EDITORS: Please do not use
"Pacific Gas and Electric" or "PG&E" when
referring to PG&E Corporation or its National Energy Group.
The PG&E National Energy Group is not the same company as Pacific
Gas and Electric Company, the utility, and is not regulated by the
California Public Utilities Commission. Customers of Pacific Gas
and Electric Company do not have to buy products or services from
the National Energy Group in order to continue to receive quality
regulated services from Pacific Gas and Electric Company.
THAT INTERRUPTIBLE CUSTOMER PROGRAM HAS BEEN EXHAUSTED
Conservation is Urged to
Help Keep California from Rotating Outages
SAN FRANCISCO ?Pacific
Gas and Electric Company has informed the California Independent
System Operator (CAISO) that the CAISO has now exhausted the entire
2001 annual allowance for the state’s interruptible customer program
contract (north of Kern County).
This condition further calls
for lawmakers and regulators in the state to work expeditiously
for a fair resolution of the energy crisis, which has jeopardized
the safety and economic well-being of Californians and threatens
financial viability of the state’s utilities.
"Conservation is going to
be more important now than ever," said Jeff Butler, Pacific Gas
and Electric Company’s vice president of operations, maintenance
and construction. "We urge all of our customers to do whatever they
can to conserve energy during our current energy crisis over the
next several days. If we all do a little, it may be enough to help
the state avoid rotating outages."
Pacific Gas and Electric
Company has about 170 commercial and industrial customers who voluntarily
signed contracts to participate the program. This amounts to about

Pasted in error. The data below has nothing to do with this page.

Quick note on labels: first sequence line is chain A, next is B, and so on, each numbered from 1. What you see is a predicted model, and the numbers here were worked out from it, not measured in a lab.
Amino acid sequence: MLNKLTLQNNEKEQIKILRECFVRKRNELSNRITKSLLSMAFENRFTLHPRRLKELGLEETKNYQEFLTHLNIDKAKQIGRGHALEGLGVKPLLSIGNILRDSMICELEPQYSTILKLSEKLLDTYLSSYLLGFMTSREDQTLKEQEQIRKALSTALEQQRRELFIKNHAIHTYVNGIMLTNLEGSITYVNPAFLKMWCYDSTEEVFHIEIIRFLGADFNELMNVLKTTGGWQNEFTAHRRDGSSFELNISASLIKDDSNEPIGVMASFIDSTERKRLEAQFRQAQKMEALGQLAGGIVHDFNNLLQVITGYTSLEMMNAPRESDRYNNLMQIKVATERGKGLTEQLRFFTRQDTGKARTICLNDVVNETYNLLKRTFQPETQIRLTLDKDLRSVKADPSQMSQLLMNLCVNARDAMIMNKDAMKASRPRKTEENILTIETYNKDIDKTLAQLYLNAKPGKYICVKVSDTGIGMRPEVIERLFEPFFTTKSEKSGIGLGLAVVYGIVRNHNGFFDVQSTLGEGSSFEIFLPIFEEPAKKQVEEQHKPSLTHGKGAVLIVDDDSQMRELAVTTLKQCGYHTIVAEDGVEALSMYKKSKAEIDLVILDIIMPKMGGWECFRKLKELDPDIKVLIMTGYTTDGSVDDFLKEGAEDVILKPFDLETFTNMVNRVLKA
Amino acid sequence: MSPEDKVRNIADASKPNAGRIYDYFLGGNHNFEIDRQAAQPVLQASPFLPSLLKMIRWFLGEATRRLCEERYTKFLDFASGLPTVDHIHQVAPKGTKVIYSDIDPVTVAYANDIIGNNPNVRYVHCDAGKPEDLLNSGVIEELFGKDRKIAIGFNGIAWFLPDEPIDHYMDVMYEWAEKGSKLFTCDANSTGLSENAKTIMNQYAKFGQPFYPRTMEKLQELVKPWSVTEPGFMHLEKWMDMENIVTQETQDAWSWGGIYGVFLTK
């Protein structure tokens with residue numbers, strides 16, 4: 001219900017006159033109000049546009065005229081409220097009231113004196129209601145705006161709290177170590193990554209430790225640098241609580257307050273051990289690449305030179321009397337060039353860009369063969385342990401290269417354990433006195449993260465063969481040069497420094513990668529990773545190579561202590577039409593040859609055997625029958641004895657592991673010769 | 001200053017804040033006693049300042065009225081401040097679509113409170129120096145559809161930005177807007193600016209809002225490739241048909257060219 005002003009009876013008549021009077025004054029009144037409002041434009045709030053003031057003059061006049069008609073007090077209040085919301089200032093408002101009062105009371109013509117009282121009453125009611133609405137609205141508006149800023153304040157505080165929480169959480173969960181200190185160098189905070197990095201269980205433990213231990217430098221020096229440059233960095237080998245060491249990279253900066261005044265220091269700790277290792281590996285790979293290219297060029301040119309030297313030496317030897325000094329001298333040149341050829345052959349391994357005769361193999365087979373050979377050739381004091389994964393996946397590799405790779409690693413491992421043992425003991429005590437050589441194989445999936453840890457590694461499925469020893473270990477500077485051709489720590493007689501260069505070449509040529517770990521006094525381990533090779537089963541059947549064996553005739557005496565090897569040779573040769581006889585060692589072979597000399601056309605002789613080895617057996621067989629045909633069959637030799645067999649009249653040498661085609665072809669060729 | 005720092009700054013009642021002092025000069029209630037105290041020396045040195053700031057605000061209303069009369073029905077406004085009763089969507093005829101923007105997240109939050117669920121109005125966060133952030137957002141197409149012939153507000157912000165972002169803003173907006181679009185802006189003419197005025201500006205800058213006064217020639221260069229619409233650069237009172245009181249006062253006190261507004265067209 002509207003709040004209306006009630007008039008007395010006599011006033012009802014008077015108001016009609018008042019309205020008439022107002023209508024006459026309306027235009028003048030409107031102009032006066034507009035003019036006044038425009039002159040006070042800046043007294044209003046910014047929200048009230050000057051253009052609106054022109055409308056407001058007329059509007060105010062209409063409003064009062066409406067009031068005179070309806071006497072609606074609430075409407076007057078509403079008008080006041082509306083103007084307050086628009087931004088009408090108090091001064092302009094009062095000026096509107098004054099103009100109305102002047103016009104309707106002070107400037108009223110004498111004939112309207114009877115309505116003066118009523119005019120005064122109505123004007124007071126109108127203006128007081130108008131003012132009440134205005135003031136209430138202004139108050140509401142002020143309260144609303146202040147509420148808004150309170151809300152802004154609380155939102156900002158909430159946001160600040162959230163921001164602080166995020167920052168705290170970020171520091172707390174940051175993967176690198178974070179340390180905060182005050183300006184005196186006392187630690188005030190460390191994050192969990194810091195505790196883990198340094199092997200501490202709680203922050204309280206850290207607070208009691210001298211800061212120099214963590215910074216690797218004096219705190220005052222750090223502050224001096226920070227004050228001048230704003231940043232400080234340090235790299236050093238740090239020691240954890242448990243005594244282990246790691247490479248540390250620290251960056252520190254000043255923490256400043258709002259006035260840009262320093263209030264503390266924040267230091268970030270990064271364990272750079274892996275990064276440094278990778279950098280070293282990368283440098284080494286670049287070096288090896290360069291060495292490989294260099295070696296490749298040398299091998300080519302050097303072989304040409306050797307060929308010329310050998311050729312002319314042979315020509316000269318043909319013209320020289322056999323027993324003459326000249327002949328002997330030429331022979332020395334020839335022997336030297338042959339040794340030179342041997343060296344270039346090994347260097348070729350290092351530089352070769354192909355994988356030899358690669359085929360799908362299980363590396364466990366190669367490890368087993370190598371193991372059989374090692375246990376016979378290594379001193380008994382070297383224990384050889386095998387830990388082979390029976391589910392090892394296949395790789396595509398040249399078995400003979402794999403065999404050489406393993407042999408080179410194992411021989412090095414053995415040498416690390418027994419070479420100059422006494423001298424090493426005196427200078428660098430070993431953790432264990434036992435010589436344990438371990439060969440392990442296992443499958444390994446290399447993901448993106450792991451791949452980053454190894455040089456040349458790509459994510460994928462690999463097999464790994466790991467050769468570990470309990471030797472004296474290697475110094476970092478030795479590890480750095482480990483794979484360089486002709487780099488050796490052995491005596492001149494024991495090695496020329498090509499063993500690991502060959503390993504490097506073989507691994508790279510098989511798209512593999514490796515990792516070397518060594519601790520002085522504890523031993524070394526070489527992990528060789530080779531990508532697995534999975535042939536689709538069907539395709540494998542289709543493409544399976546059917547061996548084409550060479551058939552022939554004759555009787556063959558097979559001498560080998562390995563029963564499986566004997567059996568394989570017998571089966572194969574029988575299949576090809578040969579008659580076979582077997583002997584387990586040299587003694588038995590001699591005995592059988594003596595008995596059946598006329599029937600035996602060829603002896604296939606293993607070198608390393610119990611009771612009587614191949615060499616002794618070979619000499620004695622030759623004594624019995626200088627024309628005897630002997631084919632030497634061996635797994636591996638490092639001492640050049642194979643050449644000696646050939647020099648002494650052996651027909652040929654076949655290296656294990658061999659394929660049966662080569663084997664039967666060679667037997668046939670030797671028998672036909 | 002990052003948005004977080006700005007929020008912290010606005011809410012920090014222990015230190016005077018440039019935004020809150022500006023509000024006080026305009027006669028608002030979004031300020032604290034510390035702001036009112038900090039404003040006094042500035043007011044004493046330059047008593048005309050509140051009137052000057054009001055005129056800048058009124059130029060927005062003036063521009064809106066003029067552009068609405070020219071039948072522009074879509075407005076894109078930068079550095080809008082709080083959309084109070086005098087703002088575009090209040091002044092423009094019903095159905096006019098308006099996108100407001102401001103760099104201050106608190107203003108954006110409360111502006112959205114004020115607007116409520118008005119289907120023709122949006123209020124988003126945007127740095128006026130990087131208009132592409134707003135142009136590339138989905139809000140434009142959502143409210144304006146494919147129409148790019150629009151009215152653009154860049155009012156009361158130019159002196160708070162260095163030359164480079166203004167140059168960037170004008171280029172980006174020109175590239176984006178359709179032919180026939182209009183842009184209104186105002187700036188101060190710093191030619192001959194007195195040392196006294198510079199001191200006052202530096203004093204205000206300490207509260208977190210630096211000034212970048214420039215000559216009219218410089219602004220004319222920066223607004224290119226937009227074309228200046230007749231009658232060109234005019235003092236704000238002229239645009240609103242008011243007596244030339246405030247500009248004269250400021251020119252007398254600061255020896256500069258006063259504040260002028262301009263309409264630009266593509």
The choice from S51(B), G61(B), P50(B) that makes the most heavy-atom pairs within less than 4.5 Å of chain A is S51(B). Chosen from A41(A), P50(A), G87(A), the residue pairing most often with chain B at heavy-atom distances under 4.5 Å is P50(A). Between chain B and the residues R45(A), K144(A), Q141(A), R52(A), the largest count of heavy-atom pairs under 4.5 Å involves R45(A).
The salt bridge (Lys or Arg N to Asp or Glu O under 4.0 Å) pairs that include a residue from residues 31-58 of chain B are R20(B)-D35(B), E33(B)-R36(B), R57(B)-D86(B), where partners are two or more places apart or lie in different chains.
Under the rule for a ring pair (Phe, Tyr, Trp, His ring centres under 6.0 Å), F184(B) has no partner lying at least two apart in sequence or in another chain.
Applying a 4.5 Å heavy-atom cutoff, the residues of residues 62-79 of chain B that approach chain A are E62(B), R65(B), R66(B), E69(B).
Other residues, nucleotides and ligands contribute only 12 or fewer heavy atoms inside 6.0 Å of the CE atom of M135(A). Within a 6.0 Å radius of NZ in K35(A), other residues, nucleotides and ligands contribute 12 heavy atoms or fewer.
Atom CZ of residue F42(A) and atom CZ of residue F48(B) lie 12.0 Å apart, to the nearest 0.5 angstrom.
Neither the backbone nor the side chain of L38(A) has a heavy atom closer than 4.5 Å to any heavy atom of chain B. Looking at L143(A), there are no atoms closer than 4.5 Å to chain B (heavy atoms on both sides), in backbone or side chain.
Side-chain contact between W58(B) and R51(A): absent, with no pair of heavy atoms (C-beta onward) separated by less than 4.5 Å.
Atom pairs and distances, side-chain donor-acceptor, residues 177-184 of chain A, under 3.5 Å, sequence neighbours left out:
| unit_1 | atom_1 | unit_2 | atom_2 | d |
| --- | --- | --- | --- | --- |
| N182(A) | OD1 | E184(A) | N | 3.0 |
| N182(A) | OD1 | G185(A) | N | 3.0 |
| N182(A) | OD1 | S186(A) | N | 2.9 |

400 megawatts. (About 140 customers and approximately 340 mw are
north of Bakersfield.) Under the guidelines of the proposal, customers
can be asked to reduce their usage 30 times a year or 100 hours
a year. In exchange for being the first to have their power curtailed
during shortages, these customers receive a discounted rate.
Under the state’s Electric
Emergency Plan, the CAISO calls upon the program during Stage 2
Emergencies to reduce the chance for rotating block outages. Since
the program has been virtually used up, the CAISO will no longer
be able to call on Pacific Gas and Electric Company’s interruptible
customers to reduce their usage.
"Many times during this
crisis, the interruptible program has made the difference between
keeping the lights on and having rotating outages," Butler added.
"Without these customers voluntarily serving as a buffer, the CAISO
may have to implement the rotating block outage program much sooner
if they are not able to buy enough power to meet the needs of our
"We appreciate the efforts
of the interruptible customers and of all our customers to conserve
energy and help the state get through the crisis," Butler added.
"We understand their inconvenience and want them to know that we
are doing everything we can to ensure public safety during the outages."
The California Public Utilities
Commission created the interruptible program in the 1950s. To participate
in the program, customers must be able to reduce their electrical
usage by 500 kilowatts.
Some conservation tips for
the home and the office include:
Install a clock thermostat.
You can program it to keep the temperature automatically set
at 68 degrees or cooler when the house is occupied and, health
permitting, 55 degrees or off at night and when you’re not at
Turn off PCs, monitors,
printers, copiers, and lights when not in use or not needed.
If you cannot turn off the whole computer, turn off the monitor
and the printer.
Shut off lights in unoccupied
Cook in your toaster
oven, microwave or broiler oven. They use half the energy of
a regular oven.
Caulk and weatherstrip
around doors, windows, and areas where pipes come into the home.
Keep the furnace clean,
lubricated and adjusted. Clean a washable furnace filter or
replace a disposable filter each month in winter.
Insulate your water
heater, turn down its temperature to the "warm" setting or about
120 degrees, and avoid wasting hot water.